Search America's historic newspaper pages from 1836-1922 or use the U.S. Newspaper Directory to find information about American newspapers published between 1690-present. Chronicling America is sponsored jointly by the National Endowment for the Humanities external link and the Library of Congress. Learn more
Provo Dispatch and Evening Dispatch
Founded in 1849 as Fort Utah, the city of Provo was the first Mormon “colony” outside the Salt Lake Valley, and, as such, never completely broke free from the authority of Mormon leaders in Salt Lake City, about 45 miles away. For two decades, Provo relied on the Church-run newspaper from the “metropolis,” the Deseret News. That changed in 1873, however, with the founding of Provo’s first newspaper, the Provo Daily Times. That paper, which survives today as the Daily Herald, proved surprisingly durable, perhaps because it always seemed ready to pick a fight with any competitor who launched a newspaper in Provo.
It was no different for the Evening Dispatch, which appeared in January 1891, a time of political turmoil in the territory of Utah (the Mormon Church had recently announced an end to plural marriage in a bid to achieve statehood) and an economic boom in the city of Provo. Almost immediately, the fledgling newspaper found itself under attack by the dominant Provo paper, a successor to the Daily Times, known then as the Daily Enquirer. The Enquirer accused the interloper Dispatch of being nothing more than the “organ of the new Democratic Club.” Nevertheless, the Dispatch proved to be a formidable foe, and for the next five years, it consistently competed with its well-established rival for the advertising dollars and readers of Provo.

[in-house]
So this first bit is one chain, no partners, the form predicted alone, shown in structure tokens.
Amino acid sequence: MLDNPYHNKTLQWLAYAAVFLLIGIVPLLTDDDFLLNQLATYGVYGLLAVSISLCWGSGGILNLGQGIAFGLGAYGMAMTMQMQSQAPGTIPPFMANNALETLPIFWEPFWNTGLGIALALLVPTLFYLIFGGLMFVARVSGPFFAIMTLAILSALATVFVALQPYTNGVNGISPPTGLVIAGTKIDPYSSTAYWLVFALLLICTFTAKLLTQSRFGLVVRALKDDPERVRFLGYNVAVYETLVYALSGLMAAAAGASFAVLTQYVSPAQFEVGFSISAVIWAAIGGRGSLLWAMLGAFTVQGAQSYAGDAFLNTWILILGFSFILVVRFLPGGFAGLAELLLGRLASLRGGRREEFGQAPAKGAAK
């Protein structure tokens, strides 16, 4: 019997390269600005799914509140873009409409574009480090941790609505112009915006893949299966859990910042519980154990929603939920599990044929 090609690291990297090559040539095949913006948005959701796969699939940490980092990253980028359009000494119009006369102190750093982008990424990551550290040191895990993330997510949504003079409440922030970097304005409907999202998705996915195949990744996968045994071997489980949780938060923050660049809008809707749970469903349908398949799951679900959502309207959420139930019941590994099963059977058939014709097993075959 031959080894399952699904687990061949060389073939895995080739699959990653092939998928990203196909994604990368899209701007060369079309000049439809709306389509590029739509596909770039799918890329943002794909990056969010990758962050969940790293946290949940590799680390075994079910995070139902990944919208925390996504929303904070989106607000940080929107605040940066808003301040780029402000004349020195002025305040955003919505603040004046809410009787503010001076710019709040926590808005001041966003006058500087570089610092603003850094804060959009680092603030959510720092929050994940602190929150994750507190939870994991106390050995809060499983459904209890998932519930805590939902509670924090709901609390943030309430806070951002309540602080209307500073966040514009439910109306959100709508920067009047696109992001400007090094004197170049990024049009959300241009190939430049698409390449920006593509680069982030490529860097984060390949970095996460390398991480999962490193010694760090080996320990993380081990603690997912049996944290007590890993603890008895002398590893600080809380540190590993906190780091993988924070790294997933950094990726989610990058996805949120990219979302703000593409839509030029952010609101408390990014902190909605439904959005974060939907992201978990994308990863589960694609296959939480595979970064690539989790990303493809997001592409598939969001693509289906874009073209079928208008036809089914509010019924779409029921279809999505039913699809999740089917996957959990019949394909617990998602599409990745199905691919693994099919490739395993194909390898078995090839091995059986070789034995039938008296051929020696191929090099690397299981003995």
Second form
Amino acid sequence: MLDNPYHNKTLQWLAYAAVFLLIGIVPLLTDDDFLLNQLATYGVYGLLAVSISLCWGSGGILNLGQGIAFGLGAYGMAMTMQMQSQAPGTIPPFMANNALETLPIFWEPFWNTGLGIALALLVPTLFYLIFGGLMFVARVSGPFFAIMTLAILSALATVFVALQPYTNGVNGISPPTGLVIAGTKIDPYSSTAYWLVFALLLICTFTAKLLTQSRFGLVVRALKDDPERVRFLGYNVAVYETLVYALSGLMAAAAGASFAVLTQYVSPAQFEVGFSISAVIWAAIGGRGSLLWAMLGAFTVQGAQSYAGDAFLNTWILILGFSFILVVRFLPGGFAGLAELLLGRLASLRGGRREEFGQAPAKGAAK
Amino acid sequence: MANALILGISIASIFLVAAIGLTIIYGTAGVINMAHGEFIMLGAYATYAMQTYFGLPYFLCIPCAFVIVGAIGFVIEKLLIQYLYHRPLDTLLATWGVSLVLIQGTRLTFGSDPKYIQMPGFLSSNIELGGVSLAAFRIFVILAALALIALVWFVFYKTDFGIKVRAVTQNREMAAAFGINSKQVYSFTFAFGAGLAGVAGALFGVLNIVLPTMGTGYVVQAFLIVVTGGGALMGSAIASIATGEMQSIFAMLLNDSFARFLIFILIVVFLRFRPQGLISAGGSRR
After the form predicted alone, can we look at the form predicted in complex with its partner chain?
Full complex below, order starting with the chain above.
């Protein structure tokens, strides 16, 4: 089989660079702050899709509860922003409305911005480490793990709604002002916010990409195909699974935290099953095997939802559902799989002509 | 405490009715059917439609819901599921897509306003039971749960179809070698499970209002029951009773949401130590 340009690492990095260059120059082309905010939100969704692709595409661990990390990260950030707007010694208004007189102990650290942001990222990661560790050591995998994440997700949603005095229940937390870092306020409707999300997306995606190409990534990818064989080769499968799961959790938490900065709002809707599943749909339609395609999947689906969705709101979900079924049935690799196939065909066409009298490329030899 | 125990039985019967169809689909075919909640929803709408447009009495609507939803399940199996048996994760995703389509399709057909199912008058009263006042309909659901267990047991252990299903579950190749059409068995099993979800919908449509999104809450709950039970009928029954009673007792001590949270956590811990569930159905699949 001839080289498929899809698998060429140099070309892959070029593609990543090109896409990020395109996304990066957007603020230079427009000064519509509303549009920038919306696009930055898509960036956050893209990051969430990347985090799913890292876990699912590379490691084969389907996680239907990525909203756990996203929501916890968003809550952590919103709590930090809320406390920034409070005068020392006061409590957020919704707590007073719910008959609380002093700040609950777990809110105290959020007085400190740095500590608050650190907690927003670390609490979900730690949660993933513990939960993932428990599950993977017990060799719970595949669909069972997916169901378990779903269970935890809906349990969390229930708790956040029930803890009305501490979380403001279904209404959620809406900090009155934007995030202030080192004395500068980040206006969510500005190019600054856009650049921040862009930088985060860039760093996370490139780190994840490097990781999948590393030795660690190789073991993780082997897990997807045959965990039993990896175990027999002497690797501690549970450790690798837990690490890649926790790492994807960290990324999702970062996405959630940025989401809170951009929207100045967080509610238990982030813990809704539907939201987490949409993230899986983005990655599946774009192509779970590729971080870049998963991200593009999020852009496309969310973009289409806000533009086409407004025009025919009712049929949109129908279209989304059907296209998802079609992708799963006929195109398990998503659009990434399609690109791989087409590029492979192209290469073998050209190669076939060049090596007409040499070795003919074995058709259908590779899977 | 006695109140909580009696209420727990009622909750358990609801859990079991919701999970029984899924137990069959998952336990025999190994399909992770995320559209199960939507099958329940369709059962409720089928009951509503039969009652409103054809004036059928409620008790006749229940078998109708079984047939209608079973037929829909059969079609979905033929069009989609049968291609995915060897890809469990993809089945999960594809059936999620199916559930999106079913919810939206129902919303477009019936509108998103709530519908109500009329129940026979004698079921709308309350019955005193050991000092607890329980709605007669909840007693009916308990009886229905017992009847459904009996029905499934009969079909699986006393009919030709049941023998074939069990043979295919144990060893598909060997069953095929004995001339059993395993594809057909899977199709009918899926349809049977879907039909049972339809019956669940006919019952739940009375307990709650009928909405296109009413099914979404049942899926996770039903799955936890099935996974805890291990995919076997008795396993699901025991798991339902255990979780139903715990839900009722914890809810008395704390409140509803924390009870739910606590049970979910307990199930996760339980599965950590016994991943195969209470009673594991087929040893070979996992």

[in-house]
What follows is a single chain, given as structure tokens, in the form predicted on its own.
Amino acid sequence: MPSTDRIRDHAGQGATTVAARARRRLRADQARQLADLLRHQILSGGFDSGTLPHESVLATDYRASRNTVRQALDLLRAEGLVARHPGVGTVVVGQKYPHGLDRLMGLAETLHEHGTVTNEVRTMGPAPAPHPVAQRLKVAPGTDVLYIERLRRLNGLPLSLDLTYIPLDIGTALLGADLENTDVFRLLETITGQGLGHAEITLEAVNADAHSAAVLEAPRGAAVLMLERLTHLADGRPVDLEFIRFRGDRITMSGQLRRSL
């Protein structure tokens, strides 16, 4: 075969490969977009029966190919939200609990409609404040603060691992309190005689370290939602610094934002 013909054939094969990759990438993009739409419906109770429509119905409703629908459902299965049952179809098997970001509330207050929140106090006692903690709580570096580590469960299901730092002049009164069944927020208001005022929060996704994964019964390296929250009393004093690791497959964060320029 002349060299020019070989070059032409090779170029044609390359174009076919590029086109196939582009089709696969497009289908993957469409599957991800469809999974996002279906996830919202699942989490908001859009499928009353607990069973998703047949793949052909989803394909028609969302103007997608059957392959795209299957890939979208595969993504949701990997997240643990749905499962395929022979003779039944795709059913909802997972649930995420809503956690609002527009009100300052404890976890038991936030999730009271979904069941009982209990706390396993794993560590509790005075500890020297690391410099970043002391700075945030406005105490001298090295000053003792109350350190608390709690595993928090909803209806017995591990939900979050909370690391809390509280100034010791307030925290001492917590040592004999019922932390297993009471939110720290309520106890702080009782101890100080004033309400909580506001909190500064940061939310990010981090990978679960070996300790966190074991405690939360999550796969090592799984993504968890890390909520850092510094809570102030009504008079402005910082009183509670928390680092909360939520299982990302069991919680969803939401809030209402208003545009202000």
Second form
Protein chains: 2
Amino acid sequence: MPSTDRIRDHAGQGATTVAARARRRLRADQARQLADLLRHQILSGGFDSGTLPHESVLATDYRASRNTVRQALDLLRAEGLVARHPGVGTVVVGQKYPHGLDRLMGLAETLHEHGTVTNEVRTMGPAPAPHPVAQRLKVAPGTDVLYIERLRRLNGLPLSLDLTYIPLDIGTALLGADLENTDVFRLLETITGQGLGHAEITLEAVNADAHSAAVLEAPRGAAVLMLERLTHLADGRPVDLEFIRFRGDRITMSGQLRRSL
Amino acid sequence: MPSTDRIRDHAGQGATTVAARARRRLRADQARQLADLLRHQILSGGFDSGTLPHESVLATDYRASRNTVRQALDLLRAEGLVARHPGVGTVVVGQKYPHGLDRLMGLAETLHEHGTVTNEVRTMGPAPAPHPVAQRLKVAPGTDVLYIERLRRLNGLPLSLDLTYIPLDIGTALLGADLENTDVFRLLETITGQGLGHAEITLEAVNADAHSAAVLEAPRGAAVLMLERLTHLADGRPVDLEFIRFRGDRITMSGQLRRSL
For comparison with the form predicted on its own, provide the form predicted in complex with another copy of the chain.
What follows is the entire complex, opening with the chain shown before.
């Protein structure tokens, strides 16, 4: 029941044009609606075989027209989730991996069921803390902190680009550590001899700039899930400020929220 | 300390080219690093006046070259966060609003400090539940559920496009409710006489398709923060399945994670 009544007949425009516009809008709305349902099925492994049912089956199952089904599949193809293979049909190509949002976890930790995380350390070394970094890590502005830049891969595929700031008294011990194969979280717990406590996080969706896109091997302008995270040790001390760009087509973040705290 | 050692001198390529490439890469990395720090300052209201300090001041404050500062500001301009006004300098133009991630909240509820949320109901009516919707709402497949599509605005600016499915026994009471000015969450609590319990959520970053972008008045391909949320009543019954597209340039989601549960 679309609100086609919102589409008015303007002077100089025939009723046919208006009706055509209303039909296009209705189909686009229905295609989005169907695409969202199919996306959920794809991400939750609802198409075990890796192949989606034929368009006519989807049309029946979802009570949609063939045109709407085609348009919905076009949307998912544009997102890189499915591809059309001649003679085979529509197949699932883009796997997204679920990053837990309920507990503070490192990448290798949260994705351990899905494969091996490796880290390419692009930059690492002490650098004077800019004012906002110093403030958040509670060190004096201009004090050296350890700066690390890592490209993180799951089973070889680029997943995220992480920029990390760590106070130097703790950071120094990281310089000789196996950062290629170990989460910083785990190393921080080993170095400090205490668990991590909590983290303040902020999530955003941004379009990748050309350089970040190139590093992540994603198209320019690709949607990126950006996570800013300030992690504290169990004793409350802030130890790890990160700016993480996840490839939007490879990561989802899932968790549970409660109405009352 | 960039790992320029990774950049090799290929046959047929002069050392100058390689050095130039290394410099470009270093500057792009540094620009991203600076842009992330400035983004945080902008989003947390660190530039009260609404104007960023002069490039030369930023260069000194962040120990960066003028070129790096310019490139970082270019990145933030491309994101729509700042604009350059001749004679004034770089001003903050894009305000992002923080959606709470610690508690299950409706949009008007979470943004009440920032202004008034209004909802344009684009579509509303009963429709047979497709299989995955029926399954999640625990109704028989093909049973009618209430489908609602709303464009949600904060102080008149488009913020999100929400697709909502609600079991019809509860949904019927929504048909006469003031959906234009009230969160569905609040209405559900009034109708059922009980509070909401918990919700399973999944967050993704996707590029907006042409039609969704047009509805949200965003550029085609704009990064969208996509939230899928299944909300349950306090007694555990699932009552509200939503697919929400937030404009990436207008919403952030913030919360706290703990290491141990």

The Dispatch began as a semiweekly, published on Wednesdays and Saturdays, available for a nickel per copy or, according to the masthead, for “Only $1.50 per year.” From the outset, the paper was committed to printing a mix of local news as well as the happenings of the “big city” to the north. One regular feature, titled “Salt Lake News,” regularly carried “bright and spicy news from the metropolis,” such as the death in 1891 of a “French courtesan …wealthy and of good family” who perished in a house fire caused by the “upsetting of a lamp,” a “sad story tinged with romance.” Along with such tantalizing tales from within the Utah territory, the Dispatch also carried various items of international interest, including reports from Berlin on the health of Kaiser Wilhelm II and from London on the state of the British economy.
Sprinkled among the news were items that promoted Democratic and disparaged Republican causes, a political posture that antagonized the dominant Enquirer. When the Dispatch began publishing daily during the Congressional election season of 1894, the Enquirer commented that it was “proving nothing more than a Democratic makeshift.” After Provo Republicans won in a landslide, the Dispatch, feeling the pinch of having backed the losers, reverted back to semi-weekly publication. Just over a year later, in December 1895, the Dispatch folded. The Enquirer attributed the collapse of the Evening Dispatch to “too much amateur politics,” characterizing its rival as “a dirty rag [whose] ….demise was all too long delayed.”
Provided by: University of Utah, Marriott Library